Genetics of chronic fatigue syndrome

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The genetics of chronic fatigue syndrome is an area of research as ME/CFS has been observed in families.[1] It is unknown if there is a genetic link or common environmental exposure (infectious or toxic). Studies of twins show higher rates of ME/CFS in identical than fraternal twins. The Centers for Disease Control and Prevention (CDC) notes that specific genetic associations have not been established.[1]

ME/CFS Gene Study[edit | edit source]

The ME/CFS Gene Study is still collecting data, but the initial pilot study by Perez et al. (2019) found 10 relatively common genes or gene variants were significantly more common in people with ME/CFS.[2] These were CYP2D6, PRRT4, PRSS56, C14orf37, ANKDD1B, GPBAR1, LHB, ADAMTS19, VARS2, and CPLX2.[2]

Utah Population Database study[edit | edit source]

A 2011 study by Albright et al showed evidence of a heritable contribution to chronic fatigue syndrome (CFS).[3] Using the extensive records of the Utah Population Database (UPDB), the study "shows clear evidence of significant excess familial clustering and significantly elevated risks for CFS among first, second, and third degree relatives of CFS cases. The results strongly support a genetic contribution to predisposition to CFS as it is currently defined and diagnosed by clinicians in Utah." Increased outbreak rates in first degree relatives are not automatically assumed to be genetic because the first degree relatives often share the same lifestyle and environment. However, a significantly increased incidence (95% confidence interval) in second and third degree relatives strongly indicated a genetic contribution to CFS, given the much lower likelihood of these relatives sharing common risks and environments.[3]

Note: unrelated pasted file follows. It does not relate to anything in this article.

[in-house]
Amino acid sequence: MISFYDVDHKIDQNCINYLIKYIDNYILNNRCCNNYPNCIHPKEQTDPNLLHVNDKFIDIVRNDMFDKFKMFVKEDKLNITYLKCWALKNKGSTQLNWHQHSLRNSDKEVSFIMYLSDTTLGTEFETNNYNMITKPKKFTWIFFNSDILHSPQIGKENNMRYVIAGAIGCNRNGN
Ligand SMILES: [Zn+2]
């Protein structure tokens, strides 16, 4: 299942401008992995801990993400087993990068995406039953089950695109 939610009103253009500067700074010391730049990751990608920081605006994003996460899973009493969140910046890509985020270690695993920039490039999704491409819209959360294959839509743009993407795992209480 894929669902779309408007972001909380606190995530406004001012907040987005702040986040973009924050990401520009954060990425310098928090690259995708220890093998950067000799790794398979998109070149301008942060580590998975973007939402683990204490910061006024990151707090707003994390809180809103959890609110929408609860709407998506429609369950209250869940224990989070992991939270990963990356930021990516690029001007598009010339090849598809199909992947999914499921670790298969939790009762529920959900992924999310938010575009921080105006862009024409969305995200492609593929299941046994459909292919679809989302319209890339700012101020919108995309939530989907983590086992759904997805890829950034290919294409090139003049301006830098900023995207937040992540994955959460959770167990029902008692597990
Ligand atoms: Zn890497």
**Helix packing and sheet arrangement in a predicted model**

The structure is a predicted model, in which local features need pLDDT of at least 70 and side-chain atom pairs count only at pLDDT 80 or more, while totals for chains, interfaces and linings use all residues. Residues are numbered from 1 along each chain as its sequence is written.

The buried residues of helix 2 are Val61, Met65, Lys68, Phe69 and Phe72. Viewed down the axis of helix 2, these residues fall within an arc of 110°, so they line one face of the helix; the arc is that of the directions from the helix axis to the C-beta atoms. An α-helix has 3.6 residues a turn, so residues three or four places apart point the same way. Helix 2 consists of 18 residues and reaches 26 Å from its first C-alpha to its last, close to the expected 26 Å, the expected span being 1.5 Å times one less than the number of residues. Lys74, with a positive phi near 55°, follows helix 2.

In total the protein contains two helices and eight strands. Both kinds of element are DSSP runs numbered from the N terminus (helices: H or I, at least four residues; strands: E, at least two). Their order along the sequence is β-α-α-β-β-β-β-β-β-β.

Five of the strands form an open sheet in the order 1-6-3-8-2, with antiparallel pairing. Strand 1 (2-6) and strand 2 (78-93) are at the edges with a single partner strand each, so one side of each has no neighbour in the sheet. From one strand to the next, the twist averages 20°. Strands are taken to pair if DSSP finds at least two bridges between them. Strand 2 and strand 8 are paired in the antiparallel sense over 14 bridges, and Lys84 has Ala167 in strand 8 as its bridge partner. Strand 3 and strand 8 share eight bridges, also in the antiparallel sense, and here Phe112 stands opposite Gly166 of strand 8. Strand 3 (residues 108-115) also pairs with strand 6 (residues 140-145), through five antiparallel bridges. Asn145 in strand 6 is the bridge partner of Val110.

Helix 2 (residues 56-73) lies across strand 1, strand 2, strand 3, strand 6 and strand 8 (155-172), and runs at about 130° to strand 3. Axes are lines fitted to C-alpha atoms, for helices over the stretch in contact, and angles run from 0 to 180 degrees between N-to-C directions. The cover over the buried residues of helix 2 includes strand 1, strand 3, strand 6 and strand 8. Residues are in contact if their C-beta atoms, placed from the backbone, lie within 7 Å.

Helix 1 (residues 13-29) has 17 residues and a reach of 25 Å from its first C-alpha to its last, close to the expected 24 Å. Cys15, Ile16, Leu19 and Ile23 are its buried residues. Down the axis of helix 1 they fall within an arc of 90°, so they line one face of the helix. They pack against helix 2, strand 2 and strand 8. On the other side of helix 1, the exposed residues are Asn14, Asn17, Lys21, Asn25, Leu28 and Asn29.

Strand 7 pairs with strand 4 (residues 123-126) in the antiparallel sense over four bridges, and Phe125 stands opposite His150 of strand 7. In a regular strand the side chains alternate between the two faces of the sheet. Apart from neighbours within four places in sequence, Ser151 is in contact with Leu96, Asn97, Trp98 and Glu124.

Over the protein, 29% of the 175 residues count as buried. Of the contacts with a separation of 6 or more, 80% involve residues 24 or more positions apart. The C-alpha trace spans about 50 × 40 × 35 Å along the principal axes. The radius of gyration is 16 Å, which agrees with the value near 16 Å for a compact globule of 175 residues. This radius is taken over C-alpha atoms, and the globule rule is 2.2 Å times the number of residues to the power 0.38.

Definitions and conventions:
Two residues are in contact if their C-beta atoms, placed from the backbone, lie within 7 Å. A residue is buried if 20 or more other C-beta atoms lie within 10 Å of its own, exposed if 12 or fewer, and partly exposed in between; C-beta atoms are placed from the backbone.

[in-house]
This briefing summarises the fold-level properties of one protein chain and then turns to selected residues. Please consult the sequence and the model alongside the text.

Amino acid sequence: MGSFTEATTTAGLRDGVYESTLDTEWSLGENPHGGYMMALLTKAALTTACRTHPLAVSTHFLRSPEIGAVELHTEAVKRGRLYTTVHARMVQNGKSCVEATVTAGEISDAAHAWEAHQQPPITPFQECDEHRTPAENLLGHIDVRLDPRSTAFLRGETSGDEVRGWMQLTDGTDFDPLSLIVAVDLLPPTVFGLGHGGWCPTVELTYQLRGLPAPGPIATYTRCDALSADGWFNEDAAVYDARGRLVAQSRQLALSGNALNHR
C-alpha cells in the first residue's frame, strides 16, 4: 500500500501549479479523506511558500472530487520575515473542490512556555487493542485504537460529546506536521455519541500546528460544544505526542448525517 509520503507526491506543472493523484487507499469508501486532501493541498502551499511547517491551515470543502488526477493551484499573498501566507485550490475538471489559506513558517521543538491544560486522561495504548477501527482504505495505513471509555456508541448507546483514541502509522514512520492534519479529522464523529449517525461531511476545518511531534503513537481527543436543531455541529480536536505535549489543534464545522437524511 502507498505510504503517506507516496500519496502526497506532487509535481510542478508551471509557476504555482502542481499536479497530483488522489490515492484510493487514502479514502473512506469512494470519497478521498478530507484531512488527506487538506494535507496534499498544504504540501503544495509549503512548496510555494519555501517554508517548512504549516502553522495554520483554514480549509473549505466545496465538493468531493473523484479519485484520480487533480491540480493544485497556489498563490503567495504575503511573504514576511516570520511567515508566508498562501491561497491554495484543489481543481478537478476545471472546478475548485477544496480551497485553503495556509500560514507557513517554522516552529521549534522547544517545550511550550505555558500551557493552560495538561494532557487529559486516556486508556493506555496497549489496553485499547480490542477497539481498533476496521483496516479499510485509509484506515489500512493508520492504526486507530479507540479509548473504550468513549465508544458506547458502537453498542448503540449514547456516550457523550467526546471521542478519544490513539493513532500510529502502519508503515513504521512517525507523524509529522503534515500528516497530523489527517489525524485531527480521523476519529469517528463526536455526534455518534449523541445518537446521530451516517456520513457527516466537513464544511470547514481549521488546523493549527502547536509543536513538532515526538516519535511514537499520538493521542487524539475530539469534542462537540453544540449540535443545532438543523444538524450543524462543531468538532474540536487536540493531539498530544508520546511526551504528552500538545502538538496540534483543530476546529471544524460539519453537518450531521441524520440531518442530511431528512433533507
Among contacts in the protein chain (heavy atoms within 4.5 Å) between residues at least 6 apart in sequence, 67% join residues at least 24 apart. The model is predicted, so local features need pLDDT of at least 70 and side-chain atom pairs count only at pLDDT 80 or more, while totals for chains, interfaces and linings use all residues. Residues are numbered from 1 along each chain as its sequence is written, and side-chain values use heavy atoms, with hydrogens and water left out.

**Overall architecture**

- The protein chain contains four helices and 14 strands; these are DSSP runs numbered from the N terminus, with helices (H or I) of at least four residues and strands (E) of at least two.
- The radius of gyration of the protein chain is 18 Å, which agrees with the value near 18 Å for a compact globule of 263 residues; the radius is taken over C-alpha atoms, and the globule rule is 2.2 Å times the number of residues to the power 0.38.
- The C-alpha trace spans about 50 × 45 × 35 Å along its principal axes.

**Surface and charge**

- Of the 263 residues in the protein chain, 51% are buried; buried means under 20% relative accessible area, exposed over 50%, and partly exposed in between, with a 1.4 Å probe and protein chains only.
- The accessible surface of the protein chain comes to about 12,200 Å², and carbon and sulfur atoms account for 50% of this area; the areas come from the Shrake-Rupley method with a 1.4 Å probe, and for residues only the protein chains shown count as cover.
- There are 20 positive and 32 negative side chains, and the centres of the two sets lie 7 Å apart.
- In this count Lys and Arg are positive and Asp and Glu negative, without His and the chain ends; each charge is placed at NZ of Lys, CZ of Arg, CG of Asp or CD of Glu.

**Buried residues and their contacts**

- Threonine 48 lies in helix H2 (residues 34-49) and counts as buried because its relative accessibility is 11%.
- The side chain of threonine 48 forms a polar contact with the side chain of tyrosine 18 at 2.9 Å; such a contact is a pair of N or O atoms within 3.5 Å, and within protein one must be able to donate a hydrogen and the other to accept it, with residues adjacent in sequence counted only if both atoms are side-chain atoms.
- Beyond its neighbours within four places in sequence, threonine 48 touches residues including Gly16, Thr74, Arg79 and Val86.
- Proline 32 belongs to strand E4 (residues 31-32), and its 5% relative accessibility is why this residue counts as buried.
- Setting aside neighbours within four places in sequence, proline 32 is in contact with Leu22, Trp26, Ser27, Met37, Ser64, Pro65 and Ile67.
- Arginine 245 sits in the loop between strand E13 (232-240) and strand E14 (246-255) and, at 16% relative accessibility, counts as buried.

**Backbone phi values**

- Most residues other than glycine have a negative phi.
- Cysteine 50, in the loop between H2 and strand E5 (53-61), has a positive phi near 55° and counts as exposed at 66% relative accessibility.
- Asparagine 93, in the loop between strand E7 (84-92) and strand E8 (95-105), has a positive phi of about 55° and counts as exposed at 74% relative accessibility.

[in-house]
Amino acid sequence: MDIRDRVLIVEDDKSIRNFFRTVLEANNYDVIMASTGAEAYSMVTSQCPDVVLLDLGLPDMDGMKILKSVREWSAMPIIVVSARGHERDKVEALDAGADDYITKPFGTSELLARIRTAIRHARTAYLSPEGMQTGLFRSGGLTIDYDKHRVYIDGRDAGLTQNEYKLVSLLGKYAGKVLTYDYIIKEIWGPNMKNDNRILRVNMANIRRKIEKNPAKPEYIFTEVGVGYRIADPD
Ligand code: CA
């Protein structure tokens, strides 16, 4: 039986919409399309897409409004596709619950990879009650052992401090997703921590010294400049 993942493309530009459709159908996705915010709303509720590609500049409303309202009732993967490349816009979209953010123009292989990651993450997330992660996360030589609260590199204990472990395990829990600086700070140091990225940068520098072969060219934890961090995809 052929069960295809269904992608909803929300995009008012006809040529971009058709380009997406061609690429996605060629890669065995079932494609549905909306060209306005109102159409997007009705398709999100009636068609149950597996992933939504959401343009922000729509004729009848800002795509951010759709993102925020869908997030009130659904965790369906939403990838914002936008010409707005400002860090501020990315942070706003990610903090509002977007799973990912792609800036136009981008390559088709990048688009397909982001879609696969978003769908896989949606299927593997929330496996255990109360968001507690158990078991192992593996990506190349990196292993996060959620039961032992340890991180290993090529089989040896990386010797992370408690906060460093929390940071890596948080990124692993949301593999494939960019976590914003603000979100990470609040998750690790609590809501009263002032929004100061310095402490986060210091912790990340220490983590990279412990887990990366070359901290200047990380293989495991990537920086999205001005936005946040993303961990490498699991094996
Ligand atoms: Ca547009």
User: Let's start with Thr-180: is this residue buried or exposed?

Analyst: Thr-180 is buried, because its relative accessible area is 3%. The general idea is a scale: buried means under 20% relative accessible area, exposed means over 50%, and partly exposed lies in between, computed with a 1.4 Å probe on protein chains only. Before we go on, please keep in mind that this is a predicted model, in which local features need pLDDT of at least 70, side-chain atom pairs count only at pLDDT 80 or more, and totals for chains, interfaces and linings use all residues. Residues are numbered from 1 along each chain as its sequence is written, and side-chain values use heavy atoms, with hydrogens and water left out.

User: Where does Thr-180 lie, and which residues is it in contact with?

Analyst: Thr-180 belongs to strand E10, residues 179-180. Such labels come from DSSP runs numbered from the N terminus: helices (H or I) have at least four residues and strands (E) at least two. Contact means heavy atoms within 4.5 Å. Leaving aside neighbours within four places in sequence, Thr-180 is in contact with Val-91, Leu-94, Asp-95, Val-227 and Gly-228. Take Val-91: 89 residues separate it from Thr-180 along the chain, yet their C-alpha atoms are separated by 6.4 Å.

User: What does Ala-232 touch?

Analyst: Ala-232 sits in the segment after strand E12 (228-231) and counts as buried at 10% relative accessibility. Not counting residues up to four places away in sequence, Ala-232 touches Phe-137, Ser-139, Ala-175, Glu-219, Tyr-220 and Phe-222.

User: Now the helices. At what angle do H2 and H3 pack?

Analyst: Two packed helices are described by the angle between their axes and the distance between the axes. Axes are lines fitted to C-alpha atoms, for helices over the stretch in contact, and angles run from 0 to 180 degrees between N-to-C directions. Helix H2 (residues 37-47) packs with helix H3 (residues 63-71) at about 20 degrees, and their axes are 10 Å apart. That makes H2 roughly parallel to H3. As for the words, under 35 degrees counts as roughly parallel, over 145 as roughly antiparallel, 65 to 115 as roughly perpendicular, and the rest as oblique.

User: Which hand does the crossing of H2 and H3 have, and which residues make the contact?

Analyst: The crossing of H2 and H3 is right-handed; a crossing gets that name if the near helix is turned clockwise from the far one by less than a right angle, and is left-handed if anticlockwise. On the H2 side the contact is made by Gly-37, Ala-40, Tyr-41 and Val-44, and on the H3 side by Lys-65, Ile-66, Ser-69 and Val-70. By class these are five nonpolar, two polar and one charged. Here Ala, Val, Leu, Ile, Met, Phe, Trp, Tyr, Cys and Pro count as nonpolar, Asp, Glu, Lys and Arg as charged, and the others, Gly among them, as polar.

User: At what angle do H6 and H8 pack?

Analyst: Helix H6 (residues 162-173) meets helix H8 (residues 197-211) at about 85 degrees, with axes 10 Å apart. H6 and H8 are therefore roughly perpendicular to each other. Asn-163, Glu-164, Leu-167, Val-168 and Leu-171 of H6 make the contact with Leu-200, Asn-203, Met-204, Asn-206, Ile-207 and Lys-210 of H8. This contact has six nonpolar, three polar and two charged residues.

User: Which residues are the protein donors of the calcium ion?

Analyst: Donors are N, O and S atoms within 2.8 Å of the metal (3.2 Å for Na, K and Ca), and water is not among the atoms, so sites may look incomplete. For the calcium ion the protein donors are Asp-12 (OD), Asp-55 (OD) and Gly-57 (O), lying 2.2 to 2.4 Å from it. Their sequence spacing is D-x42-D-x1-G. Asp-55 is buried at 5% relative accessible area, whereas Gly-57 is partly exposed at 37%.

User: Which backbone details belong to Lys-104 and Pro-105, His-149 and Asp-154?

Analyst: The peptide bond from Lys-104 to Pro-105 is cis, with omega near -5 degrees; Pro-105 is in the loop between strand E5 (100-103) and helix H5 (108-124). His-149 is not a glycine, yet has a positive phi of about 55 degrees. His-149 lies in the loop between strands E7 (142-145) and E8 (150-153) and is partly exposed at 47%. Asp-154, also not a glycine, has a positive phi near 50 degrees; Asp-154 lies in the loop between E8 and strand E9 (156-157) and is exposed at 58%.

Albright,2011 study

Family history and twin studies[edit | edit source]

A 2001 study in the UK showed "there were significantly higher rates of CFS in the relatives of CFS cases compared with the relatives of control subjects."[4] Three twin studies (one in Australia, one in Washington, US, both in 2001, and one in the UK in 2007) showed that the correlations for prolonged and chronic fatigue were significantly higher in monozygotic than dizygotic twins for each definition of chronic fatigue syndrome.[5][6][7]

Haplogroups[edit | edit source]

One study showed that patients with mitochondrial DNA from certain haplogroups correlated with variations in gastrointestinal, neurological, and inflammatory symptoms.[8]

HLA alleles[edit | edit source]

Human leukocyte antigen genes associations were investigated by Lande et al. (2020) because these gene variants are considered hallmarks for autoimmune disease; two HLA associations were found to be more common in ME/CFS patients, but the majority of ME/CFS patients did not have these.[9]